The prediction about the Conservative Party’s fate comes from a model made by Lord Michael Ashcroft.
It shows Mrs May's likely majority has declined from a week ago but estimates she will still increase her majority to 60 seats.
The model predicts the Conservative Party will win 355 seats in the 650 seat parliament.
May is on track to win a majority of 60 seats in parliament, a poll by Lord Ashcroft shows
Lord Ashcroft, a Tory donor, said: "This week's estimates from the Ashcroft Model suggest a narrowing of the Conservative majority, though still a comfortable victory for Theresa May.
"The majority could be considerably better or worse than this for the Conservatives, depending on the pattern of turnout.”
But much hangs on turnout, with the estimated Tory majority falling to 40 seats if all of those who voted in the 2016 EU referendum cast their ballots, and rising to 78 if only those who voted in 2015 take part.
The model predicts the Conservative Party will win 355 seats in the 650 seat parliament
The Ashcroft model brings together large-scale surveys and detailed census data to try to understand what is happening in individual constituencies.
It comes as the Prime Minister’s lead narrows with less than a week before polling day on Thursday June 8.
The latest Ipsos MORI poll says Mrs May's Conservatives now lead the opposition Labour Party by just five percentage points, down from 15 just over two weeks ago.
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The race tightened as Labour leader Jeremy Corbyn went on the charm offensive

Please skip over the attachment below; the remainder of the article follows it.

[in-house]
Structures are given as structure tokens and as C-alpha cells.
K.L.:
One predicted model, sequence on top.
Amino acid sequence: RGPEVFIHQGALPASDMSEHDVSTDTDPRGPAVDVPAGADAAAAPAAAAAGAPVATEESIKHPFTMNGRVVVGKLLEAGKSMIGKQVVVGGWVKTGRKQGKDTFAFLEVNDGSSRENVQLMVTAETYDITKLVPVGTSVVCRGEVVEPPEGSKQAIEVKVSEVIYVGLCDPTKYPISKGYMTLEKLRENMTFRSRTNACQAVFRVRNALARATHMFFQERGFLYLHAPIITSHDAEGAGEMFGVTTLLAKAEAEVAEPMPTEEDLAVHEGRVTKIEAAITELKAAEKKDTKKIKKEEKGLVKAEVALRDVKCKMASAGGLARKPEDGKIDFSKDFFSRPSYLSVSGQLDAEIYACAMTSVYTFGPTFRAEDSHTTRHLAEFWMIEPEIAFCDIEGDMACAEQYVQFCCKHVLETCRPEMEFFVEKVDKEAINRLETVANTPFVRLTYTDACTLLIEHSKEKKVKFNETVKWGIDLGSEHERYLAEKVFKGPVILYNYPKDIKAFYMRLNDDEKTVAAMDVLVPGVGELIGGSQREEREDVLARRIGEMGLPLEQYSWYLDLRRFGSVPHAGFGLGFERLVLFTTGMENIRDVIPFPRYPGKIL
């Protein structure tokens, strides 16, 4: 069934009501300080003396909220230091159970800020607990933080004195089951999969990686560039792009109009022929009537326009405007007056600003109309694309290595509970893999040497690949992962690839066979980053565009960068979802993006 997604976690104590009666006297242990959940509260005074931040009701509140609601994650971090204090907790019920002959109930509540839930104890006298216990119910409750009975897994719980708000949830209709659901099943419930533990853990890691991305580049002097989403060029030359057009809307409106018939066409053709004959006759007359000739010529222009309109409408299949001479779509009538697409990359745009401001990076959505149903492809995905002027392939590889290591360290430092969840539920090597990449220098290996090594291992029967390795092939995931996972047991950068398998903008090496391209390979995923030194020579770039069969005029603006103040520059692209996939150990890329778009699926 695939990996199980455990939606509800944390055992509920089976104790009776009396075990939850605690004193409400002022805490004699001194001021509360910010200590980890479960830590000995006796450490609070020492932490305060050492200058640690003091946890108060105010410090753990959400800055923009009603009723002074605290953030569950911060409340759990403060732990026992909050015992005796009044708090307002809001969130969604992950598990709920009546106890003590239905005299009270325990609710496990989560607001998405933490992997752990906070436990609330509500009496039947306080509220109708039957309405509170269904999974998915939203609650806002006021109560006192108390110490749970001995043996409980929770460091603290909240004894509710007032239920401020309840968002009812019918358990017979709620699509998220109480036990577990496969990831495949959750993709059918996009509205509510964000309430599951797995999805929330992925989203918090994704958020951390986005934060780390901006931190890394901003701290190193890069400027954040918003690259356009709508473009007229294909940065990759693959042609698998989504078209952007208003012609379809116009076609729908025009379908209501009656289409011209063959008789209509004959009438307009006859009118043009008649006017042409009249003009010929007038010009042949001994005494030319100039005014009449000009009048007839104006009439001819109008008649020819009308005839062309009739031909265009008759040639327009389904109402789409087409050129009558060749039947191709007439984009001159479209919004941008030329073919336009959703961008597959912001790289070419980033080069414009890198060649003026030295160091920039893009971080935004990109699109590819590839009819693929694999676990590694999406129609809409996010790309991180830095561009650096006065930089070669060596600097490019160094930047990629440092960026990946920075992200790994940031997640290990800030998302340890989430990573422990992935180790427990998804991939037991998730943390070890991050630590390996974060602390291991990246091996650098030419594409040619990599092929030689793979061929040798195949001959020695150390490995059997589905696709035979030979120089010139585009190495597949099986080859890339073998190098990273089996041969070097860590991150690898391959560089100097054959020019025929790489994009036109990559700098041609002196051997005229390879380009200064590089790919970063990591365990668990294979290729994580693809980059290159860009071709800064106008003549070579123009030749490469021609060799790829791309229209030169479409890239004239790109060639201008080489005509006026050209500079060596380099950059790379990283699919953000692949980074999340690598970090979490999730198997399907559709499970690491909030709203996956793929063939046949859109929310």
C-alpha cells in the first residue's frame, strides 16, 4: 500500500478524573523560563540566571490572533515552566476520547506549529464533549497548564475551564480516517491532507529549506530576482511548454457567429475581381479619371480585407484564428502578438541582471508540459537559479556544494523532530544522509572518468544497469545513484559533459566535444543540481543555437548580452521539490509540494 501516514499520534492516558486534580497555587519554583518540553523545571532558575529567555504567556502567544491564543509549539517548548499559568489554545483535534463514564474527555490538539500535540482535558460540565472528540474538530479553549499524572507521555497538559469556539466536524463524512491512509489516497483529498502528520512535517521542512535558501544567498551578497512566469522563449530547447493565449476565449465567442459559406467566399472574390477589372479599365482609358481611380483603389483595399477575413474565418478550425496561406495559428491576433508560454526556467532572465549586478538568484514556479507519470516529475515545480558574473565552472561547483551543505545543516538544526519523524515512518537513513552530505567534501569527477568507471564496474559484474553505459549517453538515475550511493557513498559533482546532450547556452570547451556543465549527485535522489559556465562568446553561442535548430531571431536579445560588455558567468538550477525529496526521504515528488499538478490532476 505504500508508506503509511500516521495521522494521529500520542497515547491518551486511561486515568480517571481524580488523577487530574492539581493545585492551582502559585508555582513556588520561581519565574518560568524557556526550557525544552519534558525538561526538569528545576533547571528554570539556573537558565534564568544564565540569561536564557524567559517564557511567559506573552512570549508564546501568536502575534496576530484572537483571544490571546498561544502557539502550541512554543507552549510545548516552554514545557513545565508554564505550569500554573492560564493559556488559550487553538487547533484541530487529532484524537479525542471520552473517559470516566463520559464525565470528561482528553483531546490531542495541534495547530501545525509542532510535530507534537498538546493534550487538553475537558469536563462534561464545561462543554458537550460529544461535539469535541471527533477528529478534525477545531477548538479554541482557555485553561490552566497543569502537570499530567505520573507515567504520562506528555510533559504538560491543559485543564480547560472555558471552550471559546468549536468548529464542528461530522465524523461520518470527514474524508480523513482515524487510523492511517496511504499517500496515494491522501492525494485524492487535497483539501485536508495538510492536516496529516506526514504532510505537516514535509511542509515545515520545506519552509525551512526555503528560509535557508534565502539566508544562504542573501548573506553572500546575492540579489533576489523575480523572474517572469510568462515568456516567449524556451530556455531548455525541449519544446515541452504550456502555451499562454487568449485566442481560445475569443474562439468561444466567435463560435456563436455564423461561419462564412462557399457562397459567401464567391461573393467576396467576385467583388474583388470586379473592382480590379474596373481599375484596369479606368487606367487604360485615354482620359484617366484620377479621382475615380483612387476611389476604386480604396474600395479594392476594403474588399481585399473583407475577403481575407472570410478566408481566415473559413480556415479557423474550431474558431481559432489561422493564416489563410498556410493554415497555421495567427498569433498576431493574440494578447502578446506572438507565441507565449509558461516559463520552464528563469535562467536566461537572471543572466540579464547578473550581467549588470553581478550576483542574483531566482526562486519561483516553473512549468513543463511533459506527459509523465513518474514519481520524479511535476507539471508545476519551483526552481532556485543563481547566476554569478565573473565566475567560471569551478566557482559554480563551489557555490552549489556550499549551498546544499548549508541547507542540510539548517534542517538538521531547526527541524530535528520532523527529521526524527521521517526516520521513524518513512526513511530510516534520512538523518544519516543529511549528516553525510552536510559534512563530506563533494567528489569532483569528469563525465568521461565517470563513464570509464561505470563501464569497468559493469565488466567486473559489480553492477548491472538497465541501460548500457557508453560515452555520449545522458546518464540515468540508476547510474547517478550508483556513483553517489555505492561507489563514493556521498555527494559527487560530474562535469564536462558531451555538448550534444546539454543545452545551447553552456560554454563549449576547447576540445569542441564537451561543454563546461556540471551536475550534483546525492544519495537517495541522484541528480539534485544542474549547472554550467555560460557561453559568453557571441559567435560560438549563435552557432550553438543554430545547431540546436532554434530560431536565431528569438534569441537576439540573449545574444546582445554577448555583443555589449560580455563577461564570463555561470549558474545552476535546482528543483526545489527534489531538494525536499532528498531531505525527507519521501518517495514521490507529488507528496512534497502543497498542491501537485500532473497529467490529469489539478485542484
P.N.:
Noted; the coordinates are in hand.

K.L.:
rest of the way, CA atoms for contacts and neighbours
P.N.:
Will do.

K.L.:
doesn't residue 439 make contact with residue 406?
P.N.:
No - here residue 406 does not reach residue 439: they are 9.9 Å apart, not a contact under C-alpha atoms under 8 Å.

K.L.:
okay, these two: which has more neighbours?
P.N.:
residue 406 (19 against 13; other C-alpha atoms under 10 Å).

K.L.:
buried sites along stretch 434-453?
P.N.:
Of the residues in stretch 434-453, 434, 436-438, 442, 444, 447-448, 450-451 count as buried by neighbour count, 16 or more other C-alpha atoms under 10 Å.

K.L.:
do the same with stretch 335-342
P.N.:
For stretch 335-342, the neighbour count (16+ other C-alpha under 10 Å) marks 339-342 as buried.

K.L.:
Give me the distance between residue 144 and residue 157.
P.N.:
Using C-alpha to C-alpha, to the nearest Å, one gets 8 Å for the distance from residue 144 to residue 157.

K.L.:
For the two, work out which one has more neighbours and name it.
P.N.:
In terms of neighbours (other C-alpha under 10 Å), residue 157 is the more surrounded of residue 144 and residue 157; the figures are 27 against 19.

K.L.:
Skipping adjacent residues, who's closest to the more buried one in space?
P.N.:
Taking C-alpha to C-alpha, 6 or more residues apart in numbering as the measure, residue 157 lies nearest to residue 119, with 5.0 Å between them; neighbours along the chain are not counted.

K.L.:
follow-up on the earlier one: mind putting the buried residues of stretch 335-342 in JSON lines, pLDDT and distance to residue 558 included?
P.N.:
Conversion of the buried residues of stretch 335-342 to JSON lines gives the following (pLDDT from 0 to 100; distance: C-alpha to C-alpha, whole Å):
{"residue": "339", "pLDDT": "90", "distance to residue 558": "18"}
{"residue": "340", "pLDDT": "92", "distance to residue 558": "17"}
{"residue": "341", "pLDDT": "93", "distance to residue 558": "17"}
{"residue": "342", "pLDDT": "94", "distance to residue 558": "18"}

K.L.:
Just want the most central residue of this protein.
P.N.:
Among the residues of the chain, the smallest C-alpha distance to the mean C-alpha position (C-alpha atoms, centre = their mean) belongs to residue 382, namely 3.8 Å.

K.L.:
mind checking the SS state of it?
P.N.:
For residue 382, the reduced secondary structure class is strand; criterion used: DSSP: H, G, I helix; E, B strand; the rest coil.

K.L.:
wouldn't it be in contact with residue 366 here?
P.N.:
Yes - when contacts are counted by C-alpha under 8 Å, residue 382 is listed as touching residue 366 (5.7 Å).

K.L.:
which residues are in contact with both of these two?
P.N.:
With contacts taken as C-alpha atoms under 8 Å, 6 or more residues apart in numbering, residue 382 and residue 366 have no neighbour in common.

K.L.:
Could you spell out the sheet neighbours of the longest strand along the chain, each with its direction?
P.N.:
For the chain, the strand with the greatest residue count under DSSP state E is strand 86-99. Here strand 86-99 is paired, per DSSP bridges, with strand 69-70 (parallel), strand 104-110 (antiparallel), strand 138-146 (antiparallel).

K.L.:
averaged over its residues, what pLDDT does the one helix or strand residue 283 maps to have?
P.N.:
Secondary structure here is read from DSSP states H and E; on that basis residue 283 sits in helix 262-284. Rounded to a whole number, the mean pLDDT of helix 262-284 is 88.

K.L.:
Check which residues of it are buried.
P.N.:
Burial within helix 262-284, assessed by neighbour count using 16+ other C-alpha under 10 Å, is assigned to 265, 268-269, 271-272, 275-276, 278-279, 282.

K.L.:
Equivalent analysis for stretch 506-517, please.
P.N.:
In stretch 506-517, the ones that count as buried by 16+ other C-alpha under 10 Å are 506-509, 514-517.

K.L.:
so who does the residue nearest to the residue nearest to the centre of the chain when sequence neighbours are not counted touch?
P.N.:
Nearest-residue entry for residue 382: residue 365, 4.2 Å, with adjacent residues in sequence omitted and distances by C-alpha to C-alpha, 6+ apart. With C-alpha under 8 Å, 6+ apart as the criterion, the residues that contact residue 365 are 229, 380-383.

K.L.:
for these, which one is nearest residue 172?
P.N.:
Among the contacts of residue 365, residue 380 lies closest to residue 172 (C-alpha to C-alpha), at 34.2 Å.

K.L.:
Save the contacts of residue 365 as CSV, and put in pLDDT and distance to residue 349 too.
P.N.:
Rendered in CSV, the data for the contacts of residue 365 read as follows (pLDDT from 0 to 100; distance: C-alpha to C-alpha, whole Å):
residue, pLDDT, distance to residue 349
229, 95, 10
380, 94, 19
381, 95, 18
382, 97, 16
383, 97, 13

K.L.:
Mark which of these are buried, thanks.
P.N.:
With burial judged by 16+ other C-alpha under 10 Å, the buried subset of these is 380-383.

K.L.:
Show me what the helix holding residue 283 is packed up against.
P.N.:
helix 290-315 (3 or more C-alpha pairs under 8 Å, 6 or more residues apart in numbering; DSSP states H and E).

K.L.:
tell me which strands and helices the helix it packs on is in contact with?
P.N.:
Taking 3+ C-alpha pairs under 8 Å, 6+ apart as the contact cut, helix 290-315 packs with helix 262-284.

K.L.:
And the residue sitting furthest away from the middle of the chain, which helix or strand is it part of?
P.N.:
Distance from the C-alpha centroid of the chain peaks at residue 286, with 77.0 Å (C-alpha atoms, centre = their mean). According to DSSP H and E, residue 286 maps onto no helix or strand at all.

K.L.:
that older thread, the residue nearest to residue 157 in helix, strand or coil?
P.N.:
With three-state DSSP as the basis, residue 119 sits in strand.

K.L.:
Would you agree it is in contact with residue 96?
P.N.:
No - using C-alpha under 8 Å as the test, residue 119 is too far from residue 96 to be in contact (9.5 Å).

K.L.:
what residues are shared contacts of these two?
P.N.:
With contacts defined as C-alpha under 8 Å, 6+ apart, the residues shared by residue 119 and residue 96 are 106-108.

The Ipsos MORI poll put the Conservatives on 45 per cent, down four points from a comparable survey on May 18, with Labour up six points to 40 percent.
Ben Page, chief executive of Ipsos MORI, said: “It is clear that on contact with the voters, Mrs May is not going down well and she is losing ground in particular amongst middle aged voters and female voters.”
Mr Page said that Labour's share of the vote included many younger voters who had not voted before.
"Even with all those young people who say they are going to vote and may not, Mrs May should still win a majority so I wouldn't sell your pounds yet," Page said.
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Mrs May hopes the election will strengthen her hand ahead of Brexit negotiations but the race has tightened this week as Labour leader Jeremy Corbyn goes on the charm offensive and seized the opportunity to attack Mrs May after she refuse to go head-to-head in a leaders debate.
The Ipsos MORI poll found Mrs May's personal ratings had fallen, although she still holds a 15-point lead over Mr Corbyn on who would make the better prime minister.
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A failure to win the June 8 election with a large majority would weaken Mrs May just as Brexit talks are due to begin.
Against the Bank of England's trade-weighted basket, which measures sterling's broader strength, the pound is now back where it was on April 9, before May called the election.
Scotland's First Minister Nicola Sturgeon said while Mrs May was no longer certain of increasing her parliamentary majority, she was sceptical about suggestions the Conservatives would lose their current slim majority.
She said: “The most likely outcome here is a Tory (Conservative) victory, but a Tory victory no longer certain of an increased majority.”